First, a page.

Apple Hit With iPod Nano Class-Action Lawsuit

The complaint, which was filed in U.S. District Court in San Jose, Calif., by a Seattle law firm on behalf of a California man, alleges that the nano scratches easily.

"As a result of Defendant's defectively designed product, these Nanos scratch excessively during normal usage, rendering the screen unreadable," the filing read.

The lawsuit asks for a class-action determination, damages that include the cost of the nano, punitive damages, attorney's fees, and if the judge agrees that this is a class-action, part of Apple's profits on the nano.

Nano buyers were quick off the mark to raise Cain about the device, complaining on Apple Computer's own support forum that their iPods were marred after just days of use. A few days later, Apple agreed to replace a limited number of nanos that had defective screens, but refused to deal with scratched devices.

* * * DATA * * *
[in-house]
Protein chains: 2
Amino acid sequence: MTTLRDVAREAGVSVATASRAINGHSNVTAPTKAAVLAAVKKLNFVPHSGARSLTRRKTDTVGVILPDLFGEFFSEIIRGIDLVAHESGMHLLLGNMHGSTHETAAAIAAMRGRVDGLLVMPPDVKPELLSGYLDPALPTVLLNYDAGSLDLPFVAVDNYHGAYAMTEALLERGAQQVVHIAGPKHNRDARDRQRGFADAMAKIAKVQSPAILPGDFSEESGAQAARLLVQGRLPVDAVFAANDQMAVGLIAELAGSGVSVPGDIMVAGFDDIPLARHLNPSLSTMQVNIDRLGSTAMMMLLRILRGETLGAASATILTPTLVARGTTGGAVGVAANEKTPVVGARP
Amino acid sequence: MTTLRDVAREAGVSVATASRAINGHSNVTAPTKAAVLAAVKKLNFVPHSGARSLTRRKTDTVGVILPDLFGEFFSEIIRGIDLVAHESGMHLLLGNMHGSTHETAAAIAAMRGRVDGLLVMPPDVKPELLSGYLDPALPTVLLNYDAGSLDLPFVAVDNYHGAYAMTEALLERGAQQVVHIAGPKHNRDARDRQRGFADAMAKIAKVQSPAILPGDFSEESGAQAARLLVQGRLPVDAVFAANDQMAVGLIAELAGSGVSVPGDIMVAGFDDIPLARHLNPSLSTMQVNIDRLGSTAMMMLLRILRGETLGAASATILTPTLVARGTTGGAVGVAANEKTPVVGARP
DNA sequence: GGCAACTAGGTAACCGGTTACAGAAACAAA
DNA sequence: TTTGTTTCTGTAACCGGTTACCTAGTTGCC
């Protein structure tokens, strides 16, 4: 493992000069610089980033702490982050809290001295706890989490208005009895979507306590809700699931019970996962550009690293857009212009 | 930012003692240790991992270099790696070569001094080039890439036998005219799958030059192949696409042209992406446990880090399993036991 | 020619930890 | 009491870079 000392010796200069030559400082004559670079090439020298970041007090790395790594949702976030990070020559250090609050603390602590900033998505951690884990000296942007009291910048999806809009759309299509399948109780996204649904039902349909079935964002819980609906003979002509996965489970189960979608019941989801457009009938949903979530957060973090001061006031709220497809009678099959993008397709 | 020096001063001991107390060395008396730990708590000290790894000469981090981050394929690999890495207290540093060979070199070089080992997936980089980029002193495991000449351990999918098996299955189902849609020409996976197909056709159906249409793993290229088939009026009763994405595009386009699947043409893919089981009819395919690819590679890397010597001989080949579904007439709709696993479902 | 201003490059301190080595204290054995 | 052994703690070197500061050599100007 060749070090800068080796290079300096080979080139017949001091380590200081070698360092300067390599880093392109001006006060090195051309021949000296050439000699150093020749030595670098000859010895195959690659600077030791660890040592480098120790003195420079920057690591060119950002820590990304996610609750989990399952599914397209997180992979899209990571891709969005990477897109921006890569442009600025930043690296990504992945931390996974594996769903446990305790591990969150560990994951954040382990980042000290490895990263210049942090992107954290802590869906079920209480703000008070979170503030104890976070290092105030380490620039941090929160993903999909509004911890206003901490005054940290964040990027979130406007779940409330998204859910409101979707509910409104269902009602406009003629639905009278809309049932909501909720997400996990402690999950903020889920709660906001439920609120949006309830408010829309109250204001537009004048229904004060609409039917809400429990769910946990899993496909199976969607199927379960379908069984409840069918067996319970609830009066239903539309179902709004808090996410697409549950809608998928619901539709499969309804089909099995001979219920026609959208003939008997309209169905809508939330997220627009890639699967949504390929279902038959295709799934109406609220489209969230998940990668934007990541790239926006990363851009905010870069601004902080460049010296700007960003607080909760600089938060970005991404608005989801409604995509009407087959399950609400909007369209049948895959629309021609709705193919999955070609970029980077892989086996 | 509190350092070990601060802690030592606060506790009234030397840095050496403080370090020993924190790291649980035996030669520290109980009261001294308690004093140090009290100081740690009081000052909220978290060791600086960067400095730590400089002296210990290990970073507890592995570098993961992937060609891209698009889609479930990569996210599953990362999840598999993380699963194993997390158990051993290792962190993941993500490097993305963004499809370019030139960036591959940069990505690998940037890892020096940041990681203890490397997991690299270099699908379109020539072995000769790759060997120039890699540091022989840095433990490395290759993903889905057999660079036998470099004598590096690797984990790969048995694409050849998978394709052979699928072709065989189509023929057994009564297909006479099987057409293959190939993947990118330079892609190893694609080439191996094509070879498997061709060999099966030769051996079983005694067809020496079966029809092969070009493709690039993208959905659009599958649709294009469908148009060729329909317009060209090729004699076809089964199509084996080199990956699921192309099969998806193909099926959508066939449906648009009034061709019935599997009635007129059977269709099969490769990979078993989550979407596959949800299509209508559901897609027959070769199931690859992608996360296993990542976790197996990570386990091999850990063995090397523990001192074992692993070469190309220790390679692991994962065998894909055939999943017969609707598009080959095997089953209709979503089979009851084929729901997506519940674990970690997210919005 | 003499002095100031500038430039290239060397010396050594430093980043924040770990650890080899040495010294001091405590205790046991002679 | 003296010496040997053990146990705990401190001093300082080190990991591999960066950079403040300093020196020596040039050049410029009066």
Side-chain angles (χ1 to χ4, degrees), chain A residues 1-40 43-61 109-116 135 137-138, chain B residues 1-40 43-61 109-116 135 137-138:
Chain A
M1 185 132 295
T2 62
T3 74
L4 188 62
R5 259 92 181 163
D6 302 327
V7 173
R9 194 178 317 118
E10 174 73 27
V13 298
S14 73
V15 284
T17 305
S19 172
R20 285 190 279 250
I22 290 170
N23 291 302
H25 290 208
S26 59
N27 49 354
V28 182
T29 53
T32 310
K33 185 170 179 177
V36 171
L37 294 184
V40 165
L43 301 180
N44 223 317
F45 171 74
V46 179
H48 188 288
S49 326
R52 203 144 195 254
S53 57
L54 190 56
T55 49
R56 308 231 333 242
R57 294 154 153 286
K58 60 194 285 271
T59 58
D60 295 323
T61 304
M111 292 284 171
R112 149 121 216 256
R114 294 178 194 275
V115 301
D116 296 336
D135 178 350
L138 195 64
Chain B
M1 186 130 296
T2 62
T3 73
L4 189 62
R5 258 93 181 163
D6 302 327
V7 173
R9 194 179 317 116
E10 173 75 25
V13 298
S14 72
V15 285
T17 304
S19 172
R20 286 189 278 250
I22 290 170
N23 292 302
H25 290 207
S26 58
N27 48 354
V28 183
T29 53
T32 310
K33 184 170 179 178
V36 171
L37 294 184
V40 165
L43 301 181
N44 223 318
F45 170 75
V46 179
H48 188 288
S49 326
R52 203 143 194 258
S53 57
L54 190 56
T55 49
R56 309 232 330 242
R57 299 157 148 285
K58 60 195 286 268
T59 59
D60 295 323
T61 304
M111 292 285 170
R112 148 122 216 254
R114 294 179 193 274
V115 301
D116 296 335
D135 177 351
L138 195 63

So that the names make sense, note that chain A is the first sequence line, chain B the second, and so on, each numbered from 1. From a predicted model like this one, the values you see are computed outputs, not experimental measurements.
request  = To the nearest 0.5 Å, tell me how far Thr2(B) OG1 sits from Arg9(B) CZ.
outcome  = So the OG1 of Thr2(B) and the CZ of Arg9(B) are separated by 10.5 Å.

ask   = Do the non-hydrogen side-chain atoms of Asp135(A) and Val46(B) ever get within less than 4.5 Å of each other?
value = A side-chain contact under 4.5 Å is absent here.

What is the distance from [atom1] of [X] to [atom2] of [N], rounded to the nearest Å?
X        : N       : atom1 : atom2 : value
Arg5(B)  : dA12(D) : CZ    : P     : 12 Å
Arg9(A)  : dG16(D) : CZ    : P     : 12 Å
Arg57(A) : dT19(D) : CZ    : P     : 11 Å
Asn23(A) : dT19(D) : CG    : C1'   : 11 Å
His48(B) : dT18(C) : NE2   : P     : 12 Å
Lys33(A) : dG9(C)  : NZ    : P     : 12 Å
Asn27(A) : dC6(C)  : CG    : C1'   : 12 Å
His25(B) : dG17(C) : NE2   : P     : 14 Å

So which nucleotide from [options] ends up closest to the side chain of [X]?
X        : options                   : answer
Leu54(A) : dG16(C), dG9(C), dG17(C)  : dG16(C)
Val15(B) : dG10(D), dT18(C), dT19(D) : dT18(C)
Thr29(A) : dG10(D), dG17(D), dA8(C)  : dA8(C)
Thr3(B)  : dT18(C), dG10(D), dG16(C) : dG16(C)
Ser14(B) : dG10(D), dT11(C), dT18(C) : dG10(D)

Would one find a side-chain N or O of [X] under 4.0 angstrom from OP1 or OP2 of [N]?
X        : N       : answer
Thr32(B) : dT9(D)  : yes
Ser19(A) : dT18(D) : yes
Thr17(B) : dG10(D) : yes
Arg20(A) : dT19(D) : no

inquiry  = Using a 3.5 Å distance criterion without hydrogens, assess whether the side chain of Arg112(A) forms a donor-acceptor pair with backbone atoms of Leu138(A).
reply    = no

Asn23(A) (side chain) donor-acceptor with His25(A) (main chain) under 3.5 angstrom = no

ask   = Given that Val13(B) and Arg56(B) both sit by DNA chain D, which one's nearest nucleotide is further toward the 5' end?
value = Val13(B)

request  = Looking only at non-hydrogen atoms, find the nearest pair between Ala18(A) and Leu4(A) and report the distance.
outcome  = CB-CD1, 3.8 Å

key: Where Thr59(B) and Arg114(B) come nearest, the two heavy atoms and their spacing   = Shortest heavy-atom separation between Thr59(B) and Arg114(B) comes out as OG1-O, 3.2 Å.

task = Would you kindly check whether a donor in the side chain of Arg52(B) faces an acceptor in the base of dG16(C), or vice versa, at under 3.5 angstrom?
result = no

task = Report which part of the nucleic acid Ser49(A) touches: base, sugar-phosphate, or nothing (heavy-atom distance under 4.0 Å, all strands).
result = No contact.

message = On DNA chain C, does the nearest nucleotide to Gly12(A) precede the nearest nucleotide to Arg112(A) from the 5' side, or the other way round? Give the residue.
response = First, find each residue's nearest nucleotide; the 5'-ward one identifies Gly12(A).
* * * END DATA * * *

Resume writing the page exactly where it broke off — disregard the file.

Sponsored post

"Although it was clear that the Nano was defective, with fierce competition in the digital music industry, Apple decided not to delay the release of the defectively designed Nano, but to pass the cost of replacing the defective product along to class members," the lawsuit read. "Moreover, rather than admit the design flaw when consumers began to express widespread complaints about the screen's propensity to scratch easily and excessively (and rather than agreeing to replace them as Apple had done with respect to Nanos with cracked screens), Apple concealed the defect and advised class members that they would need to purchase additional equipment to prevent the screen from scratching excessively."

Nano owners can join the class action by filling out a form posted on the Web site of Hagens Berman Sobol Shapiro LLP, the law firm which filed the lawsuit.

Apple did not return a call for comment.